What Is Ethical Investing and How Do You Do It? - NerdWallet (2024)

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If you’d like to invest but are concerned about your investment dollars supporting industries you don’t agree with, ethical investing may be just what you’re looking for.


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Ethical investing definition

Ethical investing is an investment strategy in which an investor chooses investments based on an ethical code, such as religious or social values, and financial returns. Ethical investing strives to support industries making a positive impact, such as sustainable energy, and often aligns with ESG investing.

Of course, what is “ethical” depends on the person. What is ethical to you may not be to someone else. That’s why it’s important to look behind the curtain of ethical investments and make sure they align with the impact you’d like to have.

Ready to get started? Jump to how to build an ethical portfolio.

Ethical investing vs. SRI vs. ESG: What’s the difference?

Not much. Ethical investing has lots of variations, including sustainable investing, socially responsible investing, or SRI, green investing, impact investing and ESG investing. Most of these trend toward the same idea: creating positive change by thoughtfully and intentionally investing your money.

But how they achieve that idea varies. Some only include positive-impact investments, while others simply exclude negative-impact investments. Still others use both inclusionary and exclusionary methods. The above names for ethical investment strategies are often used interchangeably, without much consensus on which are exclusive, which are inclusive and which are both.

That’s why it’s important to understand a fund or advisor’s methodology for choosing particular investments: Some may simply exclude investments in tobacco and firearm companies and call that portfolio “sustainable” or “socially responsible” — without actually including any “sustainable” assets.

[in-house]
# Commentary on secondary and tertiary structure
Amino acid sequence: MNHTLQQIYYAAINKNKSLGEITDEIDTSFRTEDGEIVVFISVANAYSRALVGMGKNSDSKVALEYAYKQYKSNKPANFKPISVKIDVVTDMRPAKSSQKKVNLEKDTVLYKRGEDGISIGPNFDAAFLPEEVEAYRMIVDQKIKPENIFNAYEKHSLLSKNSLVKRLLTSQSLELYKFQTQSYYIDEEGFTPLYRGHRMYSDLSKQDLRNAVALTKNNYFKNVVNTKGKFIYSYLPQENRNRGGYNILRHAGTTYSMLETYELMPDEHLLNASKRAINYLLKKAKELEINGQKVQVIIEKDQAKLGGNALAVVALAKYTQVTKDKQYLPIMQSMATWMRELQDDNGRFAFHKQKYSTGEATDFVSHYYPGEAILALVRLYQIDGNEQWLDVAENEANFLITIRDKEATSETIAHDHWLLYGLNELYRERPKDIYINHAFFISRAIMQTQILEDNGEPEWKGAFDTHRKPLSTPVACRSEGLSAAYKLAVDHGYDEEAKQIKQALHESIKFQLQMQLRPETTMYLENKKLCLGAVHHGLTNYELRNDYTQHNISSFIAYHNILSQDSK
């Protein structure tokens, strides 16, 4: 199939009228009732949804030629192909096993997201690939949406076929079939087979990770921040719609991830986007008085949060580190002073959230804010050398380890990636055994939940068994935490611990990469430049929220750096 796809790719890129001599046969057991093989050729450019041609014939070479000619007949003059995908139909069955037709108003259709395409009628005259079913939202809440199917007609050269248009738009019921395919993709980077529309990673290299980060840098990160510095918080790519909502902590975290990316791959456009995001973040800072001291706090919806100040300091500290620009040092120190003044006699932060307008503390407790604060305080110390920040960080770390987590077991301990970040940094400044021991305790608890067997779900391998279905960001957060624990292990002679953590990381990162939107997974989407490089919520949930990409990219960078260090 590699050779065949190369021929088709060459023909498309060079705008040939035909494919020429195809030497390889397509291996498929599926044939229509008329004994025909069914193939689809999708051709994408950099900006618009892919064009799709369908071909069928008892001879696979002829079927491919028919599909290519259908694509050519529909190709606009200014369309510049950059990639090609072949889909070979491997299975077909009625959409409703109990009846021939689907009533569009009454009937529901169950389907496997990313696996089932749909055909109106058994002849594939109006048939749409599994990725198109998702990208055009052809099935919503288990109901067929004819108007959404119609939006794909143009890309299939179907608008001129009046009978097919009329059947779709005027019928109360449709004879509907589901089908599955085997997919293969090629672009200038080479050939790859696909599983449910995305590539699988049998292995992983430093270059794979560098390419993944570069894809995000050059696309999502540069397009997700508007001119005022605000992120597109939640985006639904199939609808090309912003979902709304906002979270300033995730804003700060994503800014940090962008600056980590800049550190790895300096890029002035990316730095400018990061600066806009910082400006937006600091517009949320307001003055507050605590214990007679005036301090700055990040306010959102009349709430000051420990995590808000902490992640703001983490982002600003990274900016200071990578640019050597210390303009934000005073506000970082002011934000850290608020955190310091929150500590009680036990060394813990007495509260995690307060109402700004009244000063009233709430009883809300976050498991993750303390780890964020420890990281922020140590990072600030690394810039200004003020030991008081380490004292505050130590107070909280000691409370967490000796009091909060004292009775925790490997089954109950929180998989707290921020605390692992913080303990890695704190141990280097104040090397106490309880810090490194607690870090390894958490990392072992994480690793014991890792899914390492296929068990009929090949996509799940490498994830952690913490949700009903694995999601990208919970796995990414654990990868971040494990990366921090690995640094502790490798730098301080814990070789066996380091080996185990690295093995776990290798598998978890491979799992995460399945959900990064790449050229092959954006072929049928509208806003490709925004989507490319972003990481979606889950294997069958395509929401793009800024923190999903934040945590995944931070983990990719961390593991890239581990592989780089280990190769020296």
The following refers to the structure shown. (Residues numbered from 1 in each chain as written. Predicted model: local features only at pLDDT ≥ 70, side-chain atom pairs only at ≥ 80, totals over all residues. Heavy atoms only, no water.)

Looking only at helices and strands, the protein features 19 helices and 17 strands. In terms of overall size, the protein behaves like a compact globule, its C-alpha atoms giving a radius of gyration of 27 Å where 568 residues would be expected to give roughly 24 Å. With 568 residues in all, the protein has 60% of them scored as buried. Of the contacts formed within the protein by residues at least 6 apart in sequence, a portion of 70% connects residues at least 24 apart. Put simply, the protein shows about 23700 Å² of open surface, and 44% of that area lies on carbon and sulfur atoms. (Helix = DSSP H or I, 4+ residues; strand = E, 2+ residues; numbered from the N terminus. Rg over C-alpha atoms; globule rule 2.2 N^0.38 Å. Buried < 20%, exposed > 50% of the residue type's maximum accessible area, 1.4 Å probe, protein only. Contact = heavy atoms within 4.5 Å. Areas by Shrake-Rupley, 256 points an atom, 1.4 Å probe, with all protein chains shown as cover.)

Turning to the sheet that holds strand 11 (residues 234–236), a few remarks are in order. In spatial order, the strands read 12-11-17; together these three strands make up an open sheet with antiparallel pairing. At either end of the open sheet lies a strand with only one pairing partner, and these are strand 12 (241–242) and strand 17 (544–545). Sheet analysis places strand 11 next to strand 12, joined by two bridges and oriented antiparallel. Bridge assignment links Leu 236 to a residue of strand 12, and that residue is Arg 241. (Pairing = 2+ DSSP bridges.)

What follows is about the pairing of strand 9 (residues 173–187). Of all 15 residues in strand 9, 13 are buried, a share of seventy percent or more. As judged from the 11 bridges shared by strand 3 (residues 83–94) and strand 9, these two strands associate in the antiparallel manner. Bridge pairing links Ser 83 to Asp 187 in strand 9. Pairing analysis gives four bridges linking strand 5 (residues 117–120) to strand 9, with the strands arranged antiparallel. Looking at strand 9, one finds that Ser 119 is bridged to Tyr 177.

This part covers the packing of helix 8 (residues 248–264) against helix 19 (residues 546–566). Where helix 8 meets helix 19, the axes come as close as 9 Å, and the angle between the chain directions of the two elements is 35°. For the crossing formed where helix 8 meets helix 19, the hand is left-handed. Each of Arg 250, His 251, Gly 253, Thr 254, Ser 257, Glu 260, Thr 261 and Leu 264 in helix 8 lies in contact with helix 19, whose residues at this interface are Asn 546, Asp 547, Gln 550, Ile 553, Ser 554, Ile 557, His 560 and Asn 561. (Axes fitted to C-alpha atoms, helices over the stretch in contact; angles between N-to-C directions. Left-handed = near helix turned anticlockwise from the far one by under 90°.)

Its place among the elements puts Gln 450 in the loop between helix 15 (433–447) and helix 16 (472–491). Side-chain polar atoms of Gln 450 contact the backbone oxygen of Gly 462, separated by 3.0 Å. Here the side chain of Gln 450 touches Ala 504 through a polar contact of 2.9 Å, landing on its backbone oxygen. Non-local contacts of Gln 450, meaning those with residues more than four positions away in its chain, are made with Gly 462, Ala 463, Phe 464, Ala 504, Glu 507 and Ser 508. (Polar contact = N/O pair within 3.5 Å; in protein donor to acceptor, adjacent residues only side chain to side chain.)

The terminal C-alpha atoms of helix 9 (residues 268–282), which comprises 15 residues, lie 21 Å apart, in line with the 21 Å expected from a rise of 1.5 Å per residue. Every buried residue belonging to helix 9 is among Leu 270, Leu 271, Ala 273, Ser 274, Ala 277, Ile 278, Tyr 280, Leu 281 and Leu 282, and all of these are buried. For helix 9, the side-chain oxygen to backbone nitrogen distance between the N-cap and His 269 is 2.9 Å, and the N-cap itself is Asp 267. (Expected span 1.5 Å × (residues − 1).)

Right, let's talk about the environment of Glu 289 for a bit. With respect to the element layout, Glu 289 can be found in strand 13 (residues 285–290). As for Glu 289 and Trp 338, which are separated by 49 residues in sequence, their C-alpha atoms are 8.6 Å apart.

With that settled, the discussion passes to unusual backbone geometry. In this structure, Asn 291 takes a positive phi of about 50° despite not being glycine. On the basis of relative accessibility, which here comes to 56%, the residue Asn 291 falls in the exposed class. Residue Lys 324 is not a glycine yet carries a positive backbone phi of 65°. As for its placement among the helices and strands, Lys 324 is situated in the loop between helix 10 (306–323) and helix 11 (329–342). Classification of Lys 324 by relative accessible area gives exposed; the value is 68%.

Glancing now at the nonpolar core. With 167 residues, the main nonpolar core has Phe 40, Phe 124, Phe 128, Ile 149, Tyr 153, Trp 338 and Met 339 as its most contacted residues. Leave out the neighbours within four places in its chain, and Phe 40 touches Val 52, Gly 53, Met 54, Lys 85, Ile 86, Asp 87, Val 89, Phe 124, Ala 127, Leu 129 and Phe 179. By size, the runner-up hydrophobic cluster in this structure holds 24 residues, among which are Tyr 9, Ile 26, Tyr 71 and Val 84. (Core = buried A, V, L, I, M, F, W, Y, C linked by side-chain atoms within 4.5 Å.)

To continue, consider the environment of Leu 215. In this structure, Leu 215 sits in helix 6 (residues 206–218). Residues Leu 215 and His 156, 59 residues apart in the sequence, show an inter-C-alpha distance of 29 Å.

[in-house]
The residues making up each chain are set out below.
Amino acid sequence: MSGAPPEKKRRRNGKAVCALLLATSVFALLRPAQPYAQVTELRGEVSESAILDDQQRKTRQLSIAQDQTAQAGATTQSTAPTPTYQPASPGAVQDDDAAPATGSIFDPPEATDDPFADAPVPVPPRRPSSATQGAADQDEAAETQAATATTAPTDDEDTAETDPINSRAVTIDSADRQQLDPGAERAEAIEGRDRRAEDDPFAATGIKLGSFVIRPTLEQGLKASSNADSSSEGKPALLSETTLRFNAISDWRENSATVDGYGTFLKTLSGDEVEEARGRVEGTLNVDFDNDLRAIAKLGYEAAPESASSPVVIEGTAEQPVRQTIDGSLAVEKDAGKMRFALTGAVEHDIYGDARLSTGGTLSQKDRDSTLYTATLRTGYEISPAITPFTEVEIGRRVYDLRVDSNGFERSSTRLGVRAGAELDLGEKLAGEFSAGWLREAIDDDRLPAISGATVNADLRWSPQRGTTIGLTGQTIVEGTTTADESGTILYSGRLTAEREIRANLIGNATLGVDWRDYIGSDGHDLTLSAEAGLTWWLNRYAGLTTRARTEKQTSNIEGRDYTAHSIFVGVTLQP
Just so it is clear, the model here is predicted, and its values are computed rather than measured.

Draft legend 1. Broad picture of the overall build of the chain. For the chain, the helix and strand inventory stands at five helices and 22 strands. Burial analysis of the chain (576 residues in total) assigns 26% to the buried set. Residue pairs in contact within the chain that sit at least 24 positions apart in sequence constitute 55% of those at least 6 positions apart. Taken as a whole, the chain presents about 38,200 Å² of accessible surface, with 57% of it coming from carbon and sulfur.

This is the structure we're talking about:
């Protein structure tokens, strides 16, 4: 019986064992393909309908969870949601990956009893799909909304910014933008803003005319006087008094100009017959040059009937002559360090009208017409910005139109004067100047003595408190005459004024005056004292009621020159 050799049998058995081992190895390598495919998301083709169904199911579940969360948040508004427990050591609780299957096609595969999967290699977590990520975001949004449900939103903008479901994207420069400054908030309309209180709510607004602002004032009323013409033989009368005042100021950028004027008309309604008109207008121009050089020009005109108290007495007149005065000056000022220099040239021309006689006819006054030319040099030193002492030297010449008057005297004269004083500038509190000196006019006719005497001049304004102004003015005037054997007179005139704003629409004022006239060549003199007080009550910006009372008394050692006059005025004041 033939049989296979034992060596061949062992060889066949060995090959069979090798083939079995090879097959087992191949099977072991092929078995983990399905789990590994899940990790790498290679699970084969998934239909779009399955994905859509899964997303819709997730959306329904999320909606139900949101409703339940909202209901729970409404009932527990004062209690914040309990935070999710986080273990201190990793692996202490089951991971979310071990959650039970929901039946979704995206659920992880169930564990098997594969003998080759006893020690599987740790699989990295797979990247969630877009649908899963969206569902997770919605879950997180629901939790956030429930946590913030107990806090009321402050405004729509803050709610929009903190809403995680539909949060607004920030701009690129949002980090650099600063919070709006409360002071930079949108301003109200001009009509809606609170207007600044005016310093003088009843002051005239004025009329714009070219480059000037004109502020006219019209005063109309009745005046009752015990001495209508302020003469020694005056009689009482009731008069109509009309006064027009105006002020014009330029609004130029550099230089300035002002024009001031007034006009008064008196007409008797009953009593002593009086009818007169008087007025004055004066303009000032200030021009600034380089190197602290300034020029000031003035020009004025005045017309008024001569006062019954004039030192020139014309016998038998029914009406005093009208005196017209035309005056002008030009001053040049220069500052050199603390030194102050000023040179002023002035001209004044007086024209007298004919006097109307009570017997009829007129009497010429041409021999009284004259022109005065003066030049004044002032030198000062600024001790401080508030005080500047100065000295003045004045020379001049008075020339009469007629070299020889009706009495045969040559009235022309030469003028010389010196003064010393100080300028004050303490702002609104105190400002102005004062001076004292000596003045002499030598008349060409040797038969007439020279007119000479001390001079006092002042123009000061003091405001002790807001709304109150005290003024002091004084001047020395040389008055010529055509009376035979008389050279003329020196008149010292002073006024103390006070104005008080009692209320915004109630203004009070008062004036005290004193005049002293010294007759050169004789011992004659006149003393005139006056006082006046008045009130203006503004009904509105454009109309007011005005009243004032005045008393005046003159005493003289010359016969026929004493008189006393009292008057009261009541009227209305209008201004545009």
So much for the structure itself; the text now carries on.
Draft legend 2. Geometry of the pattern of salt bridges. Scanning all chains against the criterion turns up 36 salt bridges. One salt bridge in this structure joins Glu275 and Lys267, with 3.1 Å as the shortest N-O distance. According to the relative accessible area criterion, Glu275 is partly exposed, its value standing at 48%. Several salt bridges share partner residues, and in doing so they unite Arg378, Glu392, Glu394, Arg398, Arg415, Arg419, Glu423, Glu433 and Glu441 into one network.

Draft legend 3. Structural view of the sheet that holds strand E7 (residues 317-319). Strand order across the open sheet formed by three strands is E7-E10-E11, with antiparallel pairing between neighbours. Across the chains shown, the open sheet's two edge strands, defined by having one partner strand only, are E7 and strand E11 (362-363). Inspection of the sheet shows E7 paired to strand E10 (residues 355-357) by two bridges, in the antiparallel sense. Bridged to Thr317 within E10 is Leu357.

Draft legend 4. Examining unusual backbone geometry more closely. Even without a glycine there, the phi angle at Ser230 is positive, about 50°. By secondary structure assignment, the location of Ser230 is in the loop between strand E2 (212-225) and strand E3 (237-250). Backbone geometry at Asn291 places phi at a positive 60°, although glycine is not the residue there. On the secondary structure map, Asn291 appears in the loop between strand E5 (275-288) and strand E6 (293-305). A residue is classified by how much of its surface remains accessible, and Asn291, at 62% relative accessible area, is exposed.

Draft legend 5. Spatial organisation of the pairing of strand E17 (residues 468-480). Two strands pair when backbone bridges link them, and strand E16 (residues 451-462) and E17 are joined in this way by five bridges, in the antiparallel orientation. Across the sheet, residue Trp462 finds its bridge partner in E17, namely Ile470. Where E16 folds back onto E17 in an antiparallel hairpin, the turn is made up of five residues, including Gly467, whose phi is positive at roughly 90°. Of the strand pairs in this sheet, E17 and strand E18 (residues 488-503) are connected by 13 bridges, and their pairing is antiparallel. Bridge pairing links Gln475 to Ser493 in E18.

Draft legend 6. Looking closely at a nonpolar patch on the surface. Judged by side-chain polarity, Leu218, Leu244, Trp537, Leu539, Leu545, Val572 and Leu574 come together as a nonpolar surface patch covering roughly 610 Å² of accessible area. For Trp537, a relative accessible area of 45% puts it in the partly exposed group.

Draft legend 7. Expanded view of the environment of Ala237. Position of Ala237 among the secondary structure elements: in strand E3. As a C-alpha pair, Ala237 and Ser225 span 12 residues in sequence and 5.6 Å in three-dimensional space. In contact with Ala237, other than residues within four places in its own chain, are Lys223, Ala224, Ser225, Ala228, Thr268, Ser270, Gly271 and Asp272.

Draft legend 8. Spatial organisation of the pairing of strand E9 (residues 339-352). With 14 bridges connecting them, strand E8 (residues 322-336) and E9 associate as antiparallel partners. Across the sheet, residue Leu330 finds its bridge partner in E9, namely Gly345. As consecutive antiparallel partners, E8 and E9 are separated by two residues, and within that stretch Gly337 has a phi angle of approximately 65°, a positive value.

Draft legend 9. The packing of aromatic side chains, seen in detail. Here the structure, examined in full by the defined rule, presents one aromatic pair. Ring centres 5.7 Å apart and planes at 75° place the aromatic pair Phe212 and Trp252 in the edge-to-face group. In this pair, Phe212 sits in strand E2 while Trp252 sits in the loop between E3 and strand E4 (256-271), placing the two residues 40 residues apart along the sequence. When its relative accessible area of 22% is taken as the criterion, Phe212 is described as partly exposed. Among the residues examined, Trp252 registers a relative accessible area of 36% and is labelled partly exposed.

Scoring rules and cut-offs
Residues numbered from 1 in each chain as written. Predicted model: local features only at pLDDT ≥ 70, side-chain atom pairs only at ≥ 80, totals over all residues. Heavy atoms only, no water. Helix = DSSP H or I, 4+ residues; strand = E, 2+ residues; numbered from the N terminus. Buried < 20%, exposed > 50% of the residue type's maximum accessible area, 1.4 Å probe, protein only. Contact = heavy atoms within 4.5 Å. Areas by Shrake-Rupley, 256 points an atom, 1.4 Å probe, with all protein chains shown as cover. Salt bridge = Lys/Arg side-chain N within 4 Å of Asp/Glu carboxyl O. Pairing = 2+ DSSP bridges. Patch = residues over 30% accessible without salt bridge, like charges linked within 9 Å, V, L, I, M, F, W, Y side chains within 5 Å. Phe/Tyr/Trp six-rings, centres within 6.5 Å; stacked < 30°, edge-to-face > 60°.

One important thing to note is that many types of ethical investing, regardless of what they’re called, use ESG investing factors — environmental, social and corporate governance — to grade specific investments along an ethical curve. For example, if you’re creating an impact portfolio with a social justice focus, you may look for investments that receive a high ESG score in the social category.

» Is sustainability just a label? Learn about greenwashing

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What Is Ethical Investing and How Do You Do It? - NerdWallet (4)

Can I make money by investing ethically?

While no investment is guaranteed, the performance of ethical funds has been shown to be similar to the performance of traditional funds — in fact, some research shows that ethical fund performance may be superior. According to Morningstar data, sustainable funds outperformed their traditional peers in 2019, with 66% finishing the year with returns in the top half of their Morningstar categories. (Morningstar is a NerdWallet advertising partner.)

The general idea is that companies that treat their employees well and are thoughtful about their environmental impact may also be better run and less prone to scandal — which can result in a material benefit. For example, companies that adhere to ESG concerns may avoid fines and lawsuits for issues such as mismanagement of toxic waste disposal, sexual assault and harrassment charges and fraudulent transactions, since they may have policies to help avoid those issues in the first place.